Title The Year of Living Biblically: One Man's Humble Quest to Follow the Bible as Literally as Possible
Jacobs, A. J.
A. J. Jacobs
Tags bible, judaism, christianity, literalism
This is a really terrific book. Jacobs is a good writer, first of all, engaging, witty, and deep by turns.
He is a Jew who grew up in a secular family that were rather embarrassed by this religion thing . He is a professional writer, and while looking for ideas for his next book, hit upon the idea of taking the Bible literally. It would allow him to get to know the best-selling book of all time, to open the door to spirituality and see if anything developed for him, and to explore the concept of biblical literalism. "But my suspicion was that almost everyone's literalism consisted of picking and choosing. People plucked out the parts that fit their agenda, whether that agenda was to the right or left. Not me. I thought, with some naivete, I would peel away the layers of interpretation and find the true Bible underneath. i would do this by being the ultimate fundamentalist. I'd be fearless. I would do exactly what the Bible said, and in so doing, I'd discover what's great and timeless in the Bible and what is outdated." (p. 6-7)
So he bought a variety of versions of the Bible as well as other books about the Bible and read them all. He decided to devote 8 months to the Old Testament and 4 months to the New. He made a list of the rules in the Bible and carried it with him, sometimes binding a copy to his forehead and his arm. He came up with a list of what seemed to him the most bizarre rules in the Bible and investigated some of them early on. For instance, the prohibition against mixing cloth. He figured that no one was actually following this rule, but found that, on the contrary, there are people who are shatnez (mixed fiber) testers. He found one named Mr. Berkowitz who came and inspected his clothes for forbidden cloth... turns out the rule is about mixing linen and wool. Mr. Berkowitz found one suspicious garment which Jacobs put away for the rest of the year. Mr. Berkowitz becomes one of Jacob's mentors into Judaism. He is firmly of the belief that one doesn't need to understand all the rules in the Bible, but simply practice them, and by doing so draw nearer to God.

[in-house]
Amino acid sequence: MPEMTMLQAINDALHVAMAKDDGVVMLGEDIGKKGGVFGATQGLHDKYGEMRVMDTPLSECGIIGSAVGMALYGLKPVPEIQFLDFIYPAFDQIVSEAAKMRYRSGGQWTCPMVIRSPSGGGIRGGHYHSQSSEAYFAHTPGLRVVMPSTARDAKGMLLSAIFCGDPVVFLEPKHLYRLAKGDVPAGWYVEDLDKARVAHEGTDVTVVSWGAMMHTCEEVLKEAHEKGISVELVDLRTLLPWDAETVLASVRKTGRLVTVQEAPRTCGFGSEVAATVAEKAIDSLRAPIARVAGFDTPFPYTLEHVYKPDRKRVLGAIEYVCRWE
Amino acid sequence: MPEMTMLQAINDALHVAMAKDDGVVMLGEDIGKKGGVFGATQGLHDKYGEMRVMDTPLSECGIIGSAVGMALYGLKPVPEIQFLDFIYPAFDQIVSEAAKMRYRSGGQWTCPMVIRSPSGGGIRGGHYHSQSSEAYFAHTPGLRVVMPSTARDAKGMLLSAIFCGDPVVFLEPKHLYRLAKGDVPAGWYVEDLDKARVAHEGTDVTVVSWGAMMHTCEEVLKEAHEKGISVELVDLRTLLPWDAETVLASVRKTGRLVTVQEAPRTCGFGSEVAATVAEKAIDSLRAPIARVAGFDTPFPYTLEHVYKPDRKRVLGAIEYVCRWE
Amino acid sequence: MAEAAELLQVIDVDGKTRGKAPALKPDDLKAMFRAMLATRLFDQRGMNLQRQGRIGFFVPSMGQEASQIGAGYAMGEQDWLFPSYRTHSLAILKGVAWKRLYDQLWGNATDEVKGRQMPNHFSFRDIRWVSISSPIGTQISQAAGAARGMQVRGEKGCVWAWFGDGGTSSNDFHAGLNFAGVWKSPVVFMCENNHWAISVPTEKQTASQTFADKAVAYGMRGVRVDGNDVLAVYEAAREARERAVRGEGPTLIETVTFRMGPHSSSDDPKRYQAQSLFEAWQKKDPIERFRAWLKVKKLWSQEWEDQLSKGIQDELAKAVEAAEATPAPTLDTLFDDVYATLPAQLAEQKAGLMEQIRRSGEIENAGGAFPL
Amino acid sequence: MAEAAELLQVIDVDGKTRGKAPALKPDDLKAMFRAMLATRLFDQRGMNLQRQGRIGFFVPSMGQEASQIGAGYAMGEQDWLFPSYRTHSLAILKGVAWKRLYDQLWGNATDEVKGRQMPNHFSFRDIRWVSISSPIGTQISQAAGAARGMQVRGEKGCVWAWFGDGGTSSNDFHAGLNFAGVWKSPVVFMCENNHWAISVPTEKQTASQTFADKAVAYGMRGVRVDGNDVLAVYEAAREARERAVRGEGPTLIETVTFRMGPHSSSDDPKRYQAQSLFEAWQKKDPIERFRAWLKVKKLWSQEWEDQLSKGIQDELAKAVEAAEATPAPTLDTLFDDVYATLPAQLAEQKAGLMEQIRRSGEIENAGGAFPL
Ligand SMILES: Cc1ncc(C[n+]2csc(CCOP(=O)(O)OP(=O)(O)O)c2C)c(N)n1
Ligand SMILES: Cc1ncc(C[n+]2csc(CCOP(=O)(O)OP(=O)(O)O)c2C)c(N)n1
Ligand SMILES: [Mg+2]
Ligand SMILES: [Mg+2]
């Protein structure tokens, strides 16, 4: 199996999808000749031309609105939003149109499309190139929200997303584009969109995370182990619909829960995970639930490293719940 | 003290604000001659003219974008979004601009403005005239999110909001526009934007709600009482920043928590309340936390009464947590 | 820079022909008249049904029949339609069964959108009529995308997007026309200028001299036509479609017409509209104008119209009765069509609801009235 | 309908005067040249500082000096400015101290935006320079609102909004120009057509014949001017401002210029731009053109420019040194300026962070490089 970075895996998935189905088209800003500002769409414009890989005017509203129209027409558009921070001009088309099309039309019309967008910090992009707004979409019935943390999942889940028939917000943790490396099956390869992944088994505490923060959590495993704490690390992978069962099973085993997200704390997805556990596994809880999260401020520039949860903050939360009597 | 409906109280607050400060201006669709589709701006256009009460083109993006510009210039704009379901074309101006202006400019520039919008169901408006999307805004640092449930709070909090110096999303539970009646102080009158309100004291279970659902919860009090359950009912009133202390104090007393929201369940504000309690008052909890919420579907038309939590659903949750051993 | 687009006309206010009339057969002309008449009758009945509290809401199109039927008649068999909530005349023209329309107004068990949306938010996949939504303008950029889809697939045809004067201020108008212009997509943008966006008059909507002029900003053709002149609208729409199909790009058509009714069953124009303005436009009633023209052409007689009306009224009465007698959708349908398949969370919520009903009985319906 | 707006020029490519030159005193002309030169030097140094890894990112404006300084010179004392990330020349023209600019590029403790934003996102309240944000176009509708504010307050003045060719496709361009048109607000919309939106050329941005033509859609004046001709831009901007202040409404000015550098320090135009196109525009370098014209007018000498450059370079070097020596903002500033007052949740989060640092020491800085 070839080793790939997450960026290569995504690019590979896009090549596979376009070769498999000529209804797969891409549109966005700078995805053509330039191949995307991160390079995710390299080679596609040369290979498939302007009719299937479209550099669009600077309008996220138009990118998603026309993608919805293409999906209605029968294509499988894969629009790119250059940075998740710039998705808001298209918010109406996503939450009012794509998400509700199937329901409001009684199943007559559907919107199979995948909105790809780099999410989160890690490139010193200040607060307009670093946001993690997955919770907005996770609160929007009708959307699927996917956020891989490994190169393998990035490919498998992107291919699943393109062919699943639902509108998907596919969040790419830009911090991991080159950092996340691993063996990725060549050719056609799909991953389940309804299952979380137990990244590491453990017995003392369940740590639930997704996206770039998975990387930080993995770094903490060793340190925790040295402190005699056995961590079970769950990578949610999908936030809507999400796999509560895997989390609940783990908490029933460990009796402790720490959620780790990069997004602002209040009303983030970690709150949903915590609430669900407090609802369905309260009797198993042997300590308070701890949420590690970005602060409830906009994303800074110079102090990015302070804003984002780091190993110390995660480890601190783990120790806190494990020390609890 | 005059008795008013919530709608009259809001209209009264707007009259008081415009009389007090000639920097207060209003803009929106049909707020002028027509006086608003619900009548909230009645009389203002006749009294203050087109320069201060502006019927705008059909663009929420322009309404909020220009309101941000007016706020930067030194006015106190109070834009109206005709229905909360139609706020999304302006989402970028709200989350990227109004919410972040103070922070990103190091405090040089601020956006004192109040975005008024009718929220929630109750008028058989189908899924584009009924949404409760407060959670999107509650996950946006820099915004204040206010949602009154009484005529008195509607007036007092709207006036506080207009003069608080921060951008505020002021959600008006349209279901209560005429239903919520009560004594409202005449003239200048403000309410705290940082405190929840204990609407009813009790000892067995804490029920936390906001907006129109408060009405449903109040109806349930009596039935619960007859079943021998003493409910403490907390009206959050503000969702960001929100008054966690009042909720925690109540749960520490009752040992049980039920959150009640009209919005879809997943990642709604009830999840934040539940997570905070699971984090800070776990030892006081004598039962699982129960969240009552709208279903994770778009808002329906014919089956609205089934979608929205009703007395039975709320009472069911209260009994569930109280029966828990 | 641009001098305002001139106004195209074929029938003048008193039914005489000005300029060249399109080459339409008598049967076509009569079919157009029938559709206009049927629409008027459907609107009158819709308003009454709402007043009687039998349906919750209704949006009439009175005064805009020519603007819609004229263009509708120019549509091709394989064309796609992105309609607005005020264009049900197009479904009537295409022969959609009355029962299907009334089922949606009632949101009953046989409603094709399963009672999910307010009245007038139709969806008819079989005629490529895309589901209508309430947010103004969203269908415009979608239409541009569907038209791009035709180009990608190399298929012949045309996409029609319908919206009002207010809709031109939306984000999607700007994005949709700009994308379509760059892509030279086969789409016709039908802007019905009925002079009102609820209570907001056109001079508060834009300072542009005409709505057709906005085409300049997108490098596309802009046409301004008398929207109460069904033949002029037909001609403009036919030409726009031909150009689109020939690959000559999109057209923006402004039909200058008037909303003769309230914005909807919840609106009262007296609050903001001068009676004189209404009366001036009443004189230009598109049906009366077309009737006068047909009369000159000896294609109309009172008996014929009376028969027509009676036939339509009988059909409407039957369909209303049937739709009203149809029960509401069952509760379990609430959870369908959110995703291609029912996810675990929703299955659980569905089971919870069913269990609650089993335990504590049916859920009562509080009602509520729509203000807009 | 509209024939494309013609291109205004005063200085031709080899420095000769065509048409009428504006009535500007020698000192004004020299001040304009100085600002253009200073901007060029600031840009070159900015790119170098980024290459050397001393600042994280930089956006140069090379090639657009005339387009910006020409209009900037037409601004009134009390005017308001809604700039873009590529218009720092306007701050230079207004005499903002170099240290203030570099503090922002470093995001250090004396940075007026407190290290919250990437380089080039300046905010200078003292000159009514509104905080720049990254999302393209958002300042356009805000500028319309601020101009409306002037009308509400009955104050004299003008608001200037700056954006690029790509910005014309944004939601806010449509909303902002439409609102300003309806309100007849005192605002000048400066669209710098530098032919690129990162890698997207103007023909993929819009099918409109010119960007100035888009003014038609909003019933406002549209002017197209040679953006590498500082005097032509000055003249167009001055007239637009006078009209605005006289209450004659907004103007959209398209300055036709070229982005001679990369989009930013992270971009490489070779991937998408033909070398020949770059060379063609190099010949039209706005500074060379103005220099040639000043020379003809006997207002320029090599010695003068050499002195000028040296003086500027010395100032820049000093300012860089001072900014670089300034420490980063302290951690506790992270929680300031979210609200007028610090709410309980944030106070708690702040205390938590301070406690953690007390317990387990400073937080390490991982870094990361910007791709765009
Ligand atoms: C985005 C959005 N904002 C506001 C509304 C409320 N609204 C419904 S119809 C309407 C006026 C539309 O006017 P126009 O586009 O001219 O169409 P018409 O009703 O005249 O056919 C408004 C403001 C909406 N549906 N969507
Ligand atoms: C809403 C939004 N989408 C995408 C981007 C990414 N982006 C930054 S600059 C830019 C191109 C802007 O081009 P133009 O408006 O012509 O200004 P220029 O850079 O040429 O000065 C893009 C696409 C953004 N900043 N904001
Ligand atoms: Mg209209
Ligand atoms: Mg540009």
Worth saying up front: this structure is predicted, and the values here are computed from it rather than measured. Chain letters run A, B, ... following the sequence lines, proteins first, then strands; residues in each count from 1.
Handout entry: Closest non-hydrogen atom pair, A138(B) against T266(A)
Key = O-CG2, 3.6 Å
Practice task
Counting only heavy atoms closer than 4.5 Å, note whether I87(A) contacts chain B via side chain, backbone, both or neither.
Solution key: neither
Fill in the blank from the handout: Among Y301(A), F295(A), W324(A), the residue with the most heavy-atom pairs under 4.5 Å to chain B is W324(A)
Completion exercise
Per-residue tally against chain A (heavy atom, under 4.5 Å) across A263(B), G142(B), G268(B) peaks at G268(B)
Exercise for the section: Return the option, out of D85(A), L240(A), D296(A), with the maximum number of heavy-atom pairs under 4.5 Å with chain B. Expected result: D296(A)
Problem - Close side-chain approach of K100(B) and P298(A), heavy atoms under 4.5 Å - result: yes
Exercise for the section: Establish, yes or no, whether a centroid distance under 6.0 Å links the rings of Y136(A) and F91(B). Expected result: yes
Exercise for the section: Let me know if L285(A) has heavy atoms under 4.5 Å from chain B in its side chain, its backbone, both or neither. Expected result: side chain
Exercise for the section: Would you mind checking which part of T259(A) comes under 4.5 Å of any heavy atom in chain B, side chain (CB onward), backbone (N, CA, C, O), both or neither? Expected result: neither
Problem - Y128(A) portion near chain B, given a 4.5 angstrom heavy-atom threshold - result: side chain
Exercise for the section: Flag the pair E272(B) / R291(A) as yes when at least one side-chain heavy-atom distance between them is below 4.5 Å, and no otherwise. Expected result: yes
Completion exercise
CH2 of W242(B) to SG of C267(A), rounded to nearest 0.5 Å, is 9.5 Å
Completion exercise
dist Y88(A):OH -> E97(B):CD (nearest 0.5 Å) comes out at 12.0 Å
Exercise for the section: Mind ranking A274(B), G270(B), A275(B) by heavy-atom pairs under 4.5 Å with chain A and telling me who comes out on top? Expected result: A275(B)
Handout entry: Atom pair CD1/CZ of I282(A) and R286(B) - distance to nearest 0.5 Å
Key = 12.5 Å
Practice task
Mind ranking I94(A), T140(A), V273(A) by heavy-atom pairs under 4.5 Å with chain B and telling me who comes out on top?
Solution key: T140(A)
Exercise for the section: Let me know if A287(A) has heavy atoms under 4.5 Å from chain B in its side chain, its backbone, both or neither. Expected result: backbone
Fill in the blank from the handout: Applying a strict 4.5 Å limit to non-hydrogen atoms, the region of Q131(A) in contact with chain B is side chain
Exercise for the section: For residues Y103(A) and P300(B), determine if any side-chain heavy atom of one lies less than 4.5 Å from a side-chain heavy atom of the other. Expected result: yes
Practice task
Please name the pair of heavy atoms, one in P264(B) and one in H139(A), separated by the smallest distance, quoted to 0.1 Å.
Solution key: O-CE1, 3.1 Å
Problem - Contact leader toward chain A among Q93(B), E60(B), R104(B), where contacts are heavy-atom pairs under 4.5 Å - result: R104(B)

Jacobs has several mentors in his year, both rabbis and ministers. He visits representatives of all sorts of religious groups, everywhere along the path from rigid literalists to those who see the Bible more in terms of metaphor. He visits the Creationist Museum, Jerry Falwell's church, snake handlers, gay evangelicals, and of course Israel. Many of those he expected to dislike he found he did like, even when he didn't agree with them.
Some things he followed seem pretty silly. There's a funny scene where he decided he needed to stone someone, as it was the most common form in the Bible of capital punishment, and prescribed for numerous sins. So Jacobs gathered up some pebbles and went in search of sinners. He finds an angry old man who wants to know why he is dressed so queer, and he says he is stoning sinners. The old man says he is an adulterer, and Jacobs shows him the pebbles, the old man throws one at him, and he throws one back, and they part.
Other things Jacobs tries have a profound effect on him. He begins praying every day at the beginning of the year, and at first it leaves him feeling empty. Yet by the end of the year he finds himself praying spontaneously, for his son's protection, for instance, or small frequent prayers of gratitude for the small sweet things in life for which he had not before thought to be grateful.
His summary of the year on pages 327-329 worth the price of the book. He, who starts he year as an agnostic, ends the year as still an agnostic... but a reverent one: "I now believe that whether or not their's a God, there is such a thing as sacredness. Life is sacred. The Sabbath can be a sacred day. Prayer can be a sacred ritual. There is something transcendent, beyond the everyday. It's possible that humans created this sacredness ourselves, but that doesn't take away from its power or importance."
As for the Bible himself, he comes away with two ideas from two of his mentors. One is: "Try thinking of the Bible as a snapshot of something divine. It may not be a perfect picture. It may have flaws; a thumb on the lens, faded colors in the corners. But it still helps to visualize." The other idea is that if one sees the Bible as the ending point of our relationship with God, one is using the Bible as an idol, worshiping the words rather than the spirit.
As a librarian, I tend to notice the bibliographic extras: the book has a great set of notes, an excellent bibliography that puts together books written from all viewpoints about Judaism and Christianity, and a detailed index.
Publication Simon & Schuster (2007), Edition: 1, Hardcover, 400 pages
Publication date 2007
ISBN 0743291476 / 9780743291477